Niloy Jewel (Jewel) Samadder, M.D.

Niloy Jewel Samadder, M.D., received a Center for Individualized Medicine Gerstner Family Career Development Award in 2018.
  • Senior Associate Consultant, Department of Gastroenterology and Hepatology
  • Associate Professor of Medicine, Mayo Clinic College of Medicine and Science
  • Area of research: Hereditary cancer syndromes

What sparked your interest in individualized medicine?

Cancer genetics is a new and developing area within gastroenterology.

I completed my postgraduate gastroenterology training at the University of Michigan, where I developed a clinical and research focus on cancer predisposition with Stephen Gruber, M.D., Ph.D., M.P.H., who later became the director of the USC Norris Comprehensive Cancer Center.

After fellowship, I moved to the University of Utah from 2011 to 2016 to access the unique hereditary cancer population, medical and genealogic resources available at the Huntsman Cancer Institute, and mentorship under Randall W. Burt, M.D. There, I worked as part of the team that cloned the APC gene.

Under Dr. Burt's mentorship, I developed a clinical and research focus in cancer predisposition syndromes and ran one of the largest clinical trials to look at a chemoprevention drug to prevent cancer in patients with familial adenomatous polyposis (FAP).

What is your focus as a Gerstner Family Career Development Award recipient?

The primary goal of my research is to validate tissue-specific methylated DNA marker combinations for the highest risk hereditary cancer syndromes: Lynch, FAP and BRCA.

My team's goal is to develop a single noninvasive test using methylated DNA markers for detection of multiple cancers using a single sample of blood or stool. Our research could produce a new screening paradigm in populations who have these high-risk syndromes, and may lead to a strategy allowing for a universal cancer screening tool based on blood or stool testing of molecular markers for multiple cancer sites.

How will your research improve patient care?

Hereditary cancer syndromes have been associated with a 60% to 100% lifetime risk of developing gastrointestinal and breast-ovarian cancers. Given the substantial danger of cancer, Mayo Clinic recommends that patients with high-risk hereditary cancer syndromes follow rigorous screening protocols, which include invasive screening procedures such as annual advanced imaging or flexible endoscopy as well as prophylactic surgeries.

Although screening does reduce cancer mortality, this approach has significant limitations, including false-positives and morbidity and disfigurement from prophylactic surgery. Thus, better approaches for screening and early detection are needed in those with hereditary cancer syndromes. My research seeks to meet that need.

How has the Gerstner Family Career Development Award helped advance your research?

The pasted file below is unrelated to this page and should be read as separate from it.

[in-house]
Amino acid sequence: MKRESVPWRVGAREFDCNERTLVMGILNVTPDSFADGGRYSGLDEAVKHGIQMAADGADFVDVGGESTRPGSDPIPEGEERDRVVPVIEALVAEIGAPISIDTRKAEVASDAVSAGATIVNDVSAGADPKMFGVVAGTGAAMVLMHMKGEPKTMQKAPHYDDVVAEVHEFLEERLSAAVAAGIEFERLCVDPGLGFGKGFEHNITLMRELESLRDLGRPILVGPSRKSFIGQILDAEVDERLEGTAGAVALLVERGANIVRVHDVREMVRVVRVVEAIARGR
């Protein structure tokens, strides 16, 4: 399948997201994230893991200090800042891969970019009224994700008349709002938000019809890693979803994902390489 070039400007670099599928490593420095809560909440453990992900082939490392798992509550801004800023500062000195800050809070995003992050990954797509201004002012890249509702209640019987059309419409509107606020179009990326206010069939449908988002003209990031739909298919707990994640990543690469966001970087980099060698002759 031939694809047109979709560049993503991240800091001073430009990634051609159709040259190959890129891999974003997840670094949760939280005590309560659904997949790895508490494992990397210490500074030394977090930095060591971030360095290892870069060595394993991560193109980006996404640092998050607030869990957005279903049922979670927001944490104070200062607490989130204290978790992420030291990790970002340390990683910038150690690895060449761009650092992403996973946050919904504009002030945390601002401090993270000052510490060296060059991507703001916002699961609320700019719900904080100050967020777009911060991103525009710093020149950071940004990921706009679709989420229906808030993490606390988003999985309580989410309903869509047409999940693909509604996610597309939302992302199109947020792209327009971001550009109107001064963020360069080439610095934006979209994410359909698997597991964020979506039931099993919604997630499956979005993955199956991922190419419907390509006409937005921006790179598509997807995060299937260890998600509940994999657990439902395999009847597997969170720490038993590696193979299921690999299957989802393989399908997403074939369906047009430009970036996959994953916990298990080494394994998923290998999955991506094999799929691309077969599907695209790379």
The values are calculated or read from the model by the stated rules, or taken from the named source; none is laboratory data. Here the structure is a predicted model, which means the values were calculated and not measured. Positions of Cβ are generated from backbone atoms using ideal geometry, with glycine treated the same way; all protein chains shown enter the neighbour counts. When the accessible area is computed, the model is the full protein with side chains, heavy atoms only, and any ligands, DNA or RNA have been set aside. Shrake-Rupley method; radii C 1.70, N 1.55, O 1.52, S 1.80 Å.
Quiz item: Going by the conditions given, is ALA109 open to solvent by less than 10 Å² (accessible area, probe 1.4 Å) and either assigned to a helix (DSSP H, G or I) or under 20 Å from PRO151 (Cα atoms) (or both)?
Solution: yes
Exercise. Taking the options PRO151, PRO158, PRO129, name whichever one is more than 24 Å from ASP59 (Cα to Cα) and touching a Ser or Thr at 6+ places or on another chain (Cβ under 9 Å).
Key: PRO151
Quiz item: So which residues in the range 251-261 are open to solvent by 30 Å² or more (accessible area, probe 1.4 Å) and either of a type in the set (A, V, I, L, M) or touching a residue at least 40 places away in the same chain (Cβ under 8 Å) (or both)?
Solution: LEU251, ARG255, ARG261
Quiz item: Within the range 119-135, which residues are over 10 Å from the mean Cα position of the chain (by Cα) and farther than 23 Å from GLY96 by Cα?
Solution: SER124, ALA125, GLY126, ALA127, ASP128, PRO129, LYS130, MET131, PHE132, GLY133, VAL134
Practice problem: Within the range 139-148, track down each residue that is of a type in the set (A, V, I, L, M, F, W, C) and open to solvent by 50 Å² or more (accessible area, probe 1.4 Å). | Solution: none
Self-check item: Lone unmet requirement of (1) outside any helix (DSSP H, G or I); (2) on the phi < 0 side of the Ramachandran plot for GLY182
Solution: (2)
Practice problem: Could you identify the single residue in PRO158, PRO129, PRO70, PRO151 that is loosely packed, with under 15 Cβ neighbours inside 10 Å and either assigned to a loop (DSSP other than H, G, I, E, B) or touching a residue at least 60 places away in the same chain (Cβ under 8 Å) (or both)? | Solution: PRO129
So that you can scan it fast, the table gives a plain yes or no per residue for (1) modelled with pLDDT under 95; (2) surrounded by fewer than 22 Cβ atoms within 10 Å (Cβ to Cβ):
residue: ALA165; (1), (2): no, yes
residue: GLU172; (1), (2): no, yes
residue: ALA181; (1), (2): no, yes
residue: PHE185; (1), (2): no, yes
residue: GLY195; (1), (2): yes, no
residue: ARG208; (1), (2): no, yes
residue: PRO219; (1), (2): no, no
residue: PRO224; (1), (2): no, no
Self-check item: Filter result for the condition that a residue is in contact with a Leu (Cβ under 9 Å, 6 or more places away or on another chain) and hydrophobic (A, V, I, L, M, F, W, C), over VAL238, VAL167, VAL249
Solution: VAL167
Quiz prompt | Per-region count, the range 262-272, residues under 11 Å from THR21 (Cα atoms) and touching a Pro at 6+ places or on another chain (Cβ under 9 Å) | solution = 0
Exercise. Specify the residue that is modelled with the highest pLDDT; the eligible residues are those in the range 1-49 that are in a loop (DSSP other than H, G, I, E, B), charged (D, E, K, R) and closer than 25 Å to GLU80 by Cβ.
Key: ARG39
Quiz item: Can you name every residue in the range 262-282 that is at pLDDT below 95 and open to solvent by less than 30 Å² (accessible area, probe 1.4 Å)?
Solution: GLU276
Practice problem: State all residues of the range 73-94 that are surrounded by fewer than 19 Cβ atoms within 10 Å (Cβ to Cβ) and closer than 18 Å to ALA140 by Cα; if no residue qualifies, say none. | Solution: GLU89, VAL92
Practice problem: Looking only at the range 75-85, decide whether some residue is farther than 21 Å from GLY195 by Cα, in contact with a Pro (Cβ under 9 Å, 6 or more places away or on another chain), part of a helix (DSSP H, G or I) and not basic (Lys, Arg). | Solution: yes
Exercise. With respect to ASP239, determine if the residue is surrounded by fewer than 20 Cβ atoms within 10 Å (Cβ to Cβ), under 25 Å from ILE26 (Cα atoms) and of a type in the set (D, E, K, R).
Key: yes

This award will enable me to accomplish two goals:

  • Assemble a well-characterized cohort of participants with high-risk inherited cancer syndromes — BRCA1/2, Lynch and FAP.
  • Use participant's tissue samples to discover and validate specific-methylated DNA marker combinations for the detection of breast-ovarian and gastrointestinal cancers in these high-risk populations.

This study will provide critical preliminary data for an independent investigator grant to develop a stool and blood marker panel based on the methylated DNA marker combinations found in this study, and validate its sensitivity and specificity in a clinical trial of patients with BRCA1/2 or Lynch syndrome. Eventually, I hope to apply such a marker panel as a single noninvasive test that can screen for multiple cancers in patients who are at high risk.

Why did you choose Mayo Clinic to explore research?

I was recruited to the Mayo Clinic's campus in Phoenix/Scottsdale, Arizona, to help establish a practice in cancer genetics both in Arizona and across the enterprise, and to develop a research program that will attract chemoprevention clinical trials and a translational cancer biomarker discovery program.

I saw the vast opportunities to develop a clinical program in cancer genetics, not just locally with the newly opened Cancer Center on the Phoenix campus but the ability to develop an inherited-cancers service line throughout Mayo Clinic, with the support of the Center for Individualized Medicine.

The inherited-cancers service line offered state-of-the-art, comprehensive multigene testing to all patients with solid-organ cancer who received care at Mayo Clinic's campus in Arizona in 2018. It also provided the necessary follow-up to ensure appropriate cancer prevention screening and at-risk relative identification. My team's goal is to expand this cancer genetics service to all of Mayo Clinic's Destination Medical Centers.